Wildflowers lining a footpath that leads to a woodland watched over by Pendle Hill
A chiffchaff perched on a branch in a woodland

David Longshaw

Close-up of a field of bright yellow cowslips by Jon Hawkins

Jon Hawkins - Surrey Hills Photography

Soak up rainbow-bright wildflowers, skittering butterflies and beautiful birds on-high.

Location

Salthill Quarry,
Lincoln Way
Clitheroe
BB7 1QL

OS Map Reference

SD 755 426
A static map of Salthill Quarry Local Nature Reserve

Know before you go

Size
9 hectares

Parking information

On the main road

Walking trails

Excellent footpaths around the site.

Access

The site has an excellent collection of footpaths. There are some steps at the southern end of the reserve.

Dogs

Under effective control

When to visit

Opening times

Open at all times.

Best time to visit

Spring to Summer

About the reserve

Can you believe that Salthill Quarry once lay at the bottom of the ocean? Now, this lofty nature reserve is a haven for some of Lancashire’s most spectacular flora and fauna, as well as the fossilised remains of Crinoids (sea lillies); the only clue to the reserves undersea history. Take a break on Fiona Bowley and Jon Fenton’s ‘Crinoid Seat’, whose carved panels depict the polo mint-like crinoids as they would have lived beneath the waves.

Salthill Quarry is a wildflower Eden. Sunny fields of cowslips open up during spring, and summer sees bird's-foot trefoil, wild strawberry, common knapweed, lady's bedstraw, scabious and agrimony dust the landscape with kaleidoscopic colour. June brings blooming bee orchids below Post 6, while July is the best time to see the purple flowers of betony, delicate meadow sweet, and buttery rough hawkbit in the meadow. August and September bring the stunning blue cones of autumn gentian (or felwort).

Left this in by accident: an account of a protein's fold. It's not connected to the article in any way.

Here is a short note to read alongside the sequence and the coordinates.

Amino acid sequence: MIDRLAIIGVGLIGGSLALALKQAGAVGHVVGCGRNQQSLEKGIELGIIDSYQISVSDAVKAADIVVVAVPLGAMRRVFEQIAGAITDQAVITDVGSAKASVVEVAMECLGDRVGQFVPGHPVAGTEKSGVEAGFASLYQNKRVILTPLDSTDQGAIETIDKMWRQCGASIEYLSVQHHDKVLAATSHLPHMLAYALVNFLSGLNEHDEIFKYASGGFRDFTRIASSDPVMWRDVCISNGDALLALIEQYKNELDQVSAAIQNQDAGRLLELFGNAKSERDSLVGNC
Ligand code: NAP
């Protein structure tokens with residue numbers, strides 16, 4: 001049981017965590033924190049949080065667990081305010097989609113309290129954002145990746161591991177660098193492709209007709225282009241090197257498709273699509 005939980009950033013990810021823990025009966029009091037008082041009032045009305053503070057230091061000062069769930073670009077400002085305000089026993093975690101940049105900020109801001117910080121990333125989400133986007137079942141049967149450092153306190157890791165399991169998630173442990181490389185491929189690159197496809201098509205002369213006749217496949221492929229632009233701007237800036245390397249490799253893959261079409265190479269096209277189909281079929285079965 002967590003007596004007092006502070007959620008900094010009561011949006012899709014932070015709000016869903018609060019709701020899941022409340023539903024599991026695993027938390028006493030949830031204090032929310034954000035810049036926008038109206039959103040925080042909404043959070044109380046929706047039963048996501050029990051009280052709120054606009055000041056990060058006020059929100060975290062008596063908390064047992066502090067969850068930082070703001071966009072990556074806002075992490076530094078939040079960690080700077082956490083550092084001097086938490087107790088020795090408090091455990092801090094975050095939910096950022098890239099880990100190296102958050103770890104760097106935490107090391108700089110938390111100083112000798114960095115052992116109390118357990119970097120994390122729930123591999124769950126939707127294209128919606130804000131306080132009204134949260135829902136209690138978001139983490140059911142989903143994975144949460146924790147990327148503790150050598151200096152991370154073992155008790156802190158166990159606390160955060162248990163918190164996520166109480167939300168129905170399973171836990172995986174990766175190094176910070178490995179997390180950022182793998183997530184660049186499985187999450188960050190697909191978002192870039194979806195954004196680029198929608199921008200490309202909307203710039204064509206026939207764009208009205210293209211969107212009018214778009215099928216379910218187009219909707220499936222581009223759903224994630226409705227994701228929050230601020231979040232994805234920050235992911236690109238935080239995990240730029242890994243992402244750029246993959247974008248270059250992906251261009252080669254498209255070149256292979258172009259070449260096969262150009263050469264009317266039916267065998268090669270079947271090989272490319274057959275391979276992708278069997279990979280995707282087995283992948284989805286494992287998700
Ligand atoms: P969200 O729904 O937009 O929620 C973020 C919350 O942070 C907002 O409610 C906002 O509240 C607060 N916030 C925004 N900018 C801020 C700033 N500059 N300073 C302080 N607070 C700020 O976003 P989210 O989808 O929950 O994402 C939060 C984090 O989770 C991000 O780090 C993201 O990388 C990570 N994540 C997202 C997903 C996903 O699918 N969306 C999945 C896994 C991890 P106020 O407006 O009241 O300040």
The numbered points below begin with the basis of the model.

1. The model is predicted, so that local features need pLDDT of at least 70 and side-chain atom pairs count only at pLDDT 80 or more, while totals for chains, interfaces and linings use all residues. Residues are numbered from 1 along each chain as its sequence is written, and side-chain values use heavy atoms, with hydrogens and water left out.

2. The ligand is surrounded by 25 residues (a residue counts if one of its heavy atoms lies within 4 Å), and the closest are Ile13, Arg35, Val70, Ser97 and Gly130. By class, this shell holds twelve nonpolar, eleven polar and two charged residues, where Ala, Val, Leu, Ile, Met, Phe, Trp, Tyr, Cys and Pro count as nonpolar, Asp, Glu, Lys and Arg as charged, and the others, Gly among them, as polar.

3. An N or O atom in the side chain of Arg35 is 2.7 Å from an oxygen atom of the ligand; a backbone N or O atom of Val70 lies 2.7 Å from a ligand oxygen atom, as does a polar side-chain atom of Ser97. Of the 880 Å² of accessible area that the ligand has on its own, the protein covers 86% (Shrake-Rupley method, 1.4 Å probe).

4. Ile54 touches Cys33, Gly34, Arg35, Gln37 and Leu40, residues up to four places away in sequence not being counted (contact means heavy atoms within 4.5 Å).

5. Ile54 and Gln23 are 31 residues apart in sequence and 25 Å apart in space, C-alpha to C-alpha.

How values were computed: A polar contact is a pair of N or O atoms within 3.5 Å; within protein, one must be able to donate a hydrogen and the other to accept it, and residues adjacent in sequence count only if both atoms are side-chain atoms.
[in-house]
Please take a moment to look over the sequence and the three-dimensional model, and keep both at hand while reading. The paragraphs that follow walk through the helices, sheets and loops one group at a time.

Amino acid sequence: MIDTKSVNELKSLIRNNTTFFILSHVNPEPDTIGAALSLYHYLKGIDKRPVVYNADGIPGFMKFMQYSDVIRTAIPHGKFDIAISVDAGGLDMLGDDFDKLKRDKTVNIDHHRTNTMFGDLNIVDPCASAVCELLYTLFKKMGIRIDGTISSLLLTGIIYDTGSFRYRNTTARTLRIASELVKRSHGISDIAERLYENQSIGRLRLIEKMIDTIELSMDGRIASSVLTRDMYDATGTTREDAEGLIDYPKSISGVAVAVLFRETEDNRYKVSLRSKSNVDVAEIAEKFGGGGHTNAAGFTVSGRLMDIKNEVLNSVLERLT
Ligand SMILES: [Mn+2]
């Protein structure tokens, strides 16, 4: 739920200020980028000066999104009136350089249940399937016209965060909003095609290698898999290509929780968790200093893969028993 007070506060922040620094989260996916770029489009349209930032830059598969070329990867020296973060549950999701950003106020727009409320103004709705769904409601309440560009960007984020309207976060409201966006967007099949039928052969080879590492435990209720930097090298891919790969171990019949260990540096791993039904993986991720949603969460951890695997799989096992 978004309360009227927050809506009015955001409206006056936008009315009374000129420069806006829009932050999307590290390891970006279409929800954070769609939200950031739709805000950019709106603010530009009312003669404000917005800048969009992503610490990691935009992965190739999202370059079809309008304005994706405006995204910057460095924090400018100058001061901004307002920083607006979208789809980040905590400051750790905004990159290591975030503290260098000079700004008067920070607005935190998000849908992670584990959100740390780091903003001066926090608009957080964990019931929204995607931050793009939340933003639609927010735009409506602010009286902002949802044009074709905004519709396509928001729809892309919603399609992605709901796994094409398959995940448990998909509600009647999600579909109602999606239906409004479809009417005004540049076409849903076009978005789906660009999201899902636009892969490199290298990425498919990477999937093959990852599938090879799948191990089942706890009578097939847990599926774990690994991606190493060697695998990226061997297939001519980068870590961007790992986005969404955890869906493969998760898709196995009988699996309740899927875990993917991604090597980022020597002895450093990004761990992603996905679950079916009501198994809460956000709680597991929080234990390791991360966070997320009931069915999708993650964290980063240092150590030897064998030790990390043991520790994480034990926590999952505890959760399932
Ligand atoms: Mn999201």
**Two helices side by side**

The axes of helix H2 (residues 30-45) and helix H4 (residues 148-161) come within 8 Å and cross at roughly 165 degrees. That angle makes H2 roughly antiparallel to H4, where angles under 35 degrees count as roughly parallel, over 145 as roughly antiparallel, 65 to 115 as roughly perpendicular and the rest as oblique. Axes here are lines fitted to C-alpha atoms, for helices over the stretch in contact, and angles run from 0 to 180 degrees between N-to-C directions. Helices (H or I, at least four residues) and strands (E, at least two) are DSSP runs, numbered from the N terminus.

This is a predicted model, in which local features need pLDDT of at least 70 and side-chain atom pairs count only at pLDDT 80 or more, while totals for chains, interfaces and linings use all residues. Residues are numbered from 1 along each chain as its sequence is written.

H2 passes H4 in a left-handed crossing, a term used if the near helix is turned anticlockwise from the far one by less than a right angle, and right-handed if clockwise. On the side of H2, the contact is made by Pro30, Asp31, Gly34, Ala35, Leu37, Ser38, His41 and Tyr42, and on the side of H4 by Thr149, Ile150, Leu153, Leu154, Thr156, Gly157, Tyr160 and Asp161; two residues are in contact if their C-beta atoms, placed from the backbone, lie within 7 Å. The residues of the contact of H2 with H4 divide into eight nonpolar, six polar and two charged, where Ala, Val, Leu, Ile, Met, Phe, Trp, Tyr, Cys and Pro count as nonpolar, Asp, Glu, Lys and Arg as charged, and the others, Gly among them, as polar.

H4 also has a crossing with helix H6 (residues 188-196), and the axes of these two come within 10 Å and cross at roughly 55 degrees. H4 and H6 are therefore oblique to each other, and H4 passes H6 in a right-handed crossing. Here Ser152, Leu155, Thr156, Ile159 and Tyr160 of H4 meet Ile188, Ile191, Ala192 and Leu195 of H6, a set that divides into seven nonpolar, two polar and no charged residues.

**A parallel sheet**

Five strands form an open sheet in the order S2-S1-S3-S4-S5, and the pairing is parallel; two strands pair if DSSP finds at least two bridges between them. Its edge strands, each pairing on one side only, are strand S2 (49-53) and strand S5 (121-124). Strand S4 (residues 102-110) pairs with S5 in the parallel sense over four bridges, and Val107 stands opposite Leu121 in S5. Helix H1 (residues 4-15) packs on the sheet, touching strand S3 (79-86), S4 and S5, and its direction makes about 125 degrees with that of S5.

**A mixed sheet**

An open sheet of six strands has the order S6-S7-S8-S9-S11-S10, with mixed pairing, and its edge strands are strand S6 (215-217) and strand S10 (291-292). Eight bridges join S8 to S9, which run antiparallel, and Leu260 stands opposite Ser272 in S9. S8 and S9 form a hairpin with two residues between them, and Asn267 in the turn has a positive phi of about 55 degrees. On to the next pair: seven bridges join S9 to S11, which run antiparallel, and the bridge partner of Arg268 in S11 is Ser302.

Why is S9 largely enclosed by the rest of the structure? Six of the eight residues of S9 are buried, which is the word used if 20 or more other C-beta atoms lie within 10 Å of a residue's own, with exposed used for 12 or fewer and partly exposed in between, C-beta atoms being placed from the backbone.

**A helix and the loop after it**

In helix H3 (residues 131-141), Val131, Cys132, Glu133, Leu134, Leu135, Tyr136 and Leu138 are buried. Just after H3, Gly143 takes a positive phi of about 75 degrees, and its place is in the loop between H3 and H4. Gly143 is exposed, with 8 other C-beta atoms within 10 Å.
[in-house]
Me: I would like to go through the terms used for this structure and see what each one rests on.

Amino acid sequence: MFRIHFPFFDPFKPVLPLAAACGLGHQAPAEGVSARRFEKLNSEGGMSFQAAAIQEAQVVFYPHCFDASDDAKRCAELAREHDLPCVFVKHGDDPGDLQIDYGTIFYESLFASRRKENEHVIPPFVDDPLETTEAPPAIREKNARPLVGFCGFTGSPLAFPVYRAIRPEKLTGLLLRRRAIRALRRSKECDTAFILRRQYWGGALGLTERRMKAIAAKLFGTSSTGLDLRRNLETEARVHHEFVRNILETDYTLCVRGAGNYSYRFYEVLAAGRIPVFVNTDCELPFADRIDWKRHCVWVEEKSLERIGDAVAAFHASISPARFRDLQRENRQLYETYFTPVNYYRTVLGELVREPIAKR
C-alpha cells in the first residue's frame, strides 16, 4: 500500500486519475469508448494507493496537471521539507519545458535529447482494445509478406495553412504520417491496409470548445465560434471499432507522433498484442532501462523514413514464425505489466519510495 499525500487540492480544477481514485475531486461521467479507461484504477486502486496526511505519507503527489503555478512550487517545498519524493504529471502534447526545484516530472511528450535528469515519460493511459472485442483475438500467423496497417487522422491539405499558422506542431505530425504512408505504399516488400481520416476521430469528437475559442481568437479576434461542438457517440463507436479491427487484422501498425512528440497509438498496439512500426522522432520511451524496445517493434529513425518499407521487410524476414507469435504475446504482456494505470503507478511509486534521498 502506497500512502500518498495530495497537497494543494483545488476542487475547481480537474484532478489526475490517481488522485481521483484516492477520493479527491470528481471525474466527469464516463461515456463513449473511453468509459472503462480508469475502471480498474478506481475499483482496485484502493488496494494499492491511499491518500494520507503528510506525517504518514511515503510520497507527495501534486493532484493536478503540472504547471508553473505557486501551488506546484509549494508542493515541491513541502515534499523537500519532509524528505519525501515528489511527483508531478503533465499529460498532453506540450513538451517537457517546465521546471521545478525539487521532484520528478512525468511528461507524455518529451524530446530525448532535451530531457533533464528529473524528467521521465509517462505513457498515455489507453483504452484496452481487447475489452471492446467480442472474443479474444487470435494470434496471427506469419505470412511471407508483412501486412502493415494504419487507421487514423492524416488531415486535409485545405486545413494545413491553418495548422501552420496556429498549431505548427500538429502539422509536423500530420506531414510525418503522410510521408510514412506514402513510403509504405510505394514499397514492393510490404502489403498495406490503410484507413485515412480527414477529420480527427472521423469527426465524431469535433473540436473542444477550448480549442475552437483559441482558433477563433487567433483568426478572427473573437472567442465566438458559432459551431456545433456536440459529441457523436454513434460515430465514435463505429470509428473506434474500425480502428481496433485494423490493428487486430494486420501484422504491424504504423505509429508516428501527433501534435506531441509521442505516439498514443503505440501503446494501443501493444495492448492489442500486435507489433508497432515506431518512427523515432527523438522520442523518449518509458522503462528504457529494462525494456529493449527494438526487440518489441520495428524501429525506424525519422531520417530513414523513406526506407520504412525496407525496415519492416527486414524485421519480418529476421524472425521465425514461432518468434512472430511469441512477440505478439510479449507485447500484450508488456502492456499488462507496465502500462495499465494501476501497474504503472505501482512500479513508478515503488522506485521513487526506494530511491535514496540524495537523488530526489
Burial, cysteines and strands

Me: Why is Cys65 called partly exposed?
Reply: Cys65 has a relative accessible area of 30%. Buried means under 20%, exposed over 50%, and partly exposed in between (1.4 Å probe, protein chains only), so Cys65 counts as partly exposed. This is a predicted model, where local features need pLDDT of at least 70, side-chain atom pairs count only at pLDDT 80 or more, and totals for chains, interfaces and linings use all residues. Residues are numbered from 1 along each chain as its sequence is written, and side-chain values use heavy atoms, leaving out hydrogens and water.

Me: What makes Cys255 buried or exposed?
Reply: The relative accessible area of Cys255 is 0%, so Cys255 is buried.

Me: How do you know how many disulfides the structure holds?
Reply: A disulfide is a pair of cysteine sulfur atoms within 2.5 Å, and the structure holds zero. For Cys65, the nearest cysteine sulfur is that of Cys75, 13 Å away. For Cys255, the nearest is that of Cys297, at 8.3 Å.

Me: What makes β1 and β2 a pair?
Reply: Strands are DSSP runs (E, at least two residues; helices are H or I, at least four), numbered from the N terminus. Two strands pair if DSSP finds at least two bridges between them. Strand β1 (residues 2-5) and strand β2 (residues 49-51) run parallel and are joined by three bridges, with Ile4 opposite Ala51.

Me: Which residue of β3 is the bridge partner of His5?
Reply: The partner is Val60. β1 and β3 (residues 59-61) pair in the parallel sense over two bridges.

Don’t miss a ramble through the woodland, where ash and hawthorn trees dominate the canopy and dog rose, field rose and sweet briar grow along the woodland edge.

Salthill Quarry’s wildflowers attract a fantastic range of insects, which in turn encourage birds to flourish. Seek out the azure common blue butterfly on hot summer days, try your best to keep up with the frantically fluttering orange tip butterfly and admire the distinctive six-spot burnet moth. Common green and field grasshoppers also shelter among the grasses, while in the trees, singing blue tits, great tits, goldfinches and bullfinches provide the perfect soundtrack. Then there are the summer migrants: blackcap, willow warbler, garden warbler and chiffchaff.

The best way to experience the best of Salthill Quarry is to explore the Geology Trail, a circular walk that takes in ten of the best spots on the reserve. At each spot, use your iPad or smartphone to scan the QR code on the numbered post and unlock fascinating insights into the area. Or, why not click here to view the information and print it off for your stroll?

Contact us

Kim Coverdale
Contact number: 07841 996 722

Environmental designation

County Wildlife Site
Local Nature Reserve (LNR)
Site of Special Scientific Interest (SSSI)